What should we do with these names in English translations? Certainly a story about “Jezreel, Lo-ruhamah, and Lo-ammi” paints a markedly different picture than one about, say, “Disaster, Unloved, and Unwanted.” Does it do the narrative justice if we strip it of the jarring names “Unloved” and “Unwanted”?

Is turning “Jezreel” into “Disaster” going too far? What about a translation that calls yizrael “Gettysburg,” which, like the Valley of Jezreel, was the site of bloodshed? Should we respect the fact that Hosea has one kid named after a place and two with phrases for names?

And what about Emmanuel? If we translate lo-ruchamma as “Unloved,” shouldn’t Emmanuel be “God-Is-With-Us?”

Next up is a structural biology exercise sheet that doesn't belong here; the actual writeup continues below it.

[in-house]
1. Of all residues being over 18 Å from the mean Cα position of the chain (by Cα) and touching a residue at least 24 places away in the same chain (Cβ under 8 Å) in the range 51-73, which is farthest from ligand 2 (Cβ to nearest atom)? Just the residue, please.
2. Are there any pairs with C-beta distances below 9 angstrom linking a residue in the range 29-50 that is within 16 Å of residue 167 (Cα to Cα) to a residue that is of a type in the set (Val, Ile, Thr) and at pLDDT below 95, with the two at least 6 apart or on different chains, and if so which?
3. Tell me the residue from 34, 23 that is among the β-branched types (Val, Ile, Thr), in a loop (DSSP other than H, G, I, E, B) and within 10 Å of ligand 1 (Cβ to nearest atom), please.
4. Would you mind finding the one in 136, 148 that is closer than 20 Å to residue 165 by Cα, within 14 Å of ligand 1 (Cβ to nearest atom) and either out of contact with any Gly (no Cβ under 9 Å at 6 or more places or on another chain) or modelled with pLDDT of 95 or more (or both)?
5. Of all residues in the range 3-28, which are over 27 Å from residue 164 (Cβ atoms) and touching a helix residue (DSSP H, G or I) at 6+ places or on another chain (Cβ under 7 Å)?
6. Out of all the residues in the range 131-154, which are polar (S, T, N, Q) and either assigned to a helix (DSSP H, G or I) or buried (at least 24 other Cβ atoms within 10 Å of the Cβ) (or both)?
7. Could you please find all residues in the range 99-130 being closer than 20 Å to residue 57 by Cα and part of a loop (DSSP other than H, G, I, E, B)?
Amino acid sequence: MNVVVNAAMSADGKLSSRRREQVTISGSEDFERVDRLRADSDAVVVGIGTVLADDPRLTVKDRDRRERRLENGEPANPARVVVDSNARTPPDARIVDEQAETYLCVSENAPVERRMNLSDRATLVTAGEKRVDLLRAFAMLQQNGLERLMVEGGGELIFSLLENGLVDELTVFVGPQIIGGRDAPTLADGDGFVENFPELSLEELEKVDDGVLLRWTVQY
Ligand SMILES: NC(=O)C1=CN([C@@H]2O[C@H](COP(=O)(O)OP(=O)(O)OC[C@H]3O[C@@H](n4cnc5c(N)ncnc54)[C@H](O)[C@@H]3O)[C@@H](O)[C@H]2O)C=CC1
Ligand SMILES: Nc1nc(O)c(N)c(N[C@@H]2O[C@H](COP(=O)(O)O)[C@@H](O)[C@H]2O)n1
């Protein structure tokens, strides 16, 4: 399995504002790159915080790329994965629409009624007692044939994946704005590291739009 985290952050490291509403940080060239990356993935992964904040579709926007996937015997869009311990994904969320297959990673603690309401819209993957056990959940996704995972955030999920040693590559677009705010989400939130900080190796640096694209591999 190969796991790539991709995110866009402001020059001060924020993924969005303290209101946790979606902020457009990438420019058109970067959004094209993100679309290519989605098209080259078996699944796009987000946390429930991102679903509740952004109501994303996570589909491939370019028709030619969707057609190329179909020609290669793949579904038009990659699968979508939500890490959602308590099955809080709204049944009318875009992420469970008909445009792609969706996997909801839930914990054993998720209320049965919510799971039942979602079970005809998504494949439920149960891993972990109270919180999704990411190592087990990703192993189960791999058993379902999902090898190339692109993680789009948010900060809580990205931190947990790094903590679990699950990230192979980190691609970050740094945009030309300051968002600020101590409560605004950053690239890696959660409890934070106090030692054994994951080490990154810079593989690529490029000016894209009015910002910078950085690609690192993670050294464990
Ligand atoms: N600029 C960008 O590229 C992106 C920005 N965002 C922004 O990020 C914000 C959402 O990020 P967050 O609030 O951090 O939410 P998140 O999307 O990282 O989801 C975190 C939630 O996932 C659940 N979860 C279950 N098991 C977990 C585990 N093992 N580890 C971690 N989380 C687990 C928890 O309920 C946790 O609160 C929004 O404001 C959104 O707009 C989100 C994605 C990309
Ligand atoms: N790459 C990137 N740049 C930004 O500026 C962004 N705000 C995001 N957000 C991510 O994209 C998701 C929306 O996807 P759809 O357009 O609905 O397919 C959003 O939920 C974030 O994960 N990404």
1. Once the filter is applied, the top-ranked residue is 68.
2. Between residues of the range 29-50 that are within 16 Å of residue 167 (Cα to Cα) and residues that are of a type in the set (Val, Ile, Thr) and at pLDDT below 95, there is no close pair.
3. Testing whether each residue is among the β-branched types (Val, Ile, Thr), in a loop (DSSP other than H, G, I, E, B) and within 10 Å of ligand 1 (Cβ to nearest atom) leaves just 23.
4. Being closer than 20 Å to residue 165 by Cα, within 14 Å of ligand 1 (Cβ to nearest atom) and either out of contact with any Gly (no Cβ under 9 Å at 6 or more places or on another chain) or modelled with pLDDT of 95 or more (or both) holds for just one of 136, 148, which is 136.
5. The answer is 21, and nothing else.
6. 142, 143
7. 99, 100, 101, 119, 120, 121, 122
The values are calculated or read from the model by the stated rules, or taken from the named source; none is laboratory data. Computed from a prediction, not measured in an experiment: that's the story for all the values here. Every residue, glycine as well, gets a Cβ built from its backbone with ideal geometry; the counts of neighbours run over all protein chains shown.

What do you think? How would you translate Hosea’s kids, Isaiah 7:14, and Matthew 1:23?


May 9, 2012 - Posted by | translation practice, translation theory | , , , , , , , , ,


  1. Definitely a good time for footnotes!

    Comment by bibleshockers | May 9, 2012

  2. I agree with BibleShockers: footnotes. Or Torah-style commentary. I would not want to translate Jezreel into Disaster (or Katrina). You lose the context. What type of disaster was Jezreel–a battle loss or a natural disaster? Merely translating as “disaster” loses all the frisson that an actual name can give.

    Comment by marian42 | May 10, 2012

    • What about Unloved and Unwanted?

      Comment by Joel H. | May 10, 2012

      • Those two names work for me.
        Considering the names that some parents give their children…. I can see the Blues (or Country music) hit being born right now: “When Unloved met Unwanted”. (excuse the levity)

        Comment by marian42 | May 10, 2012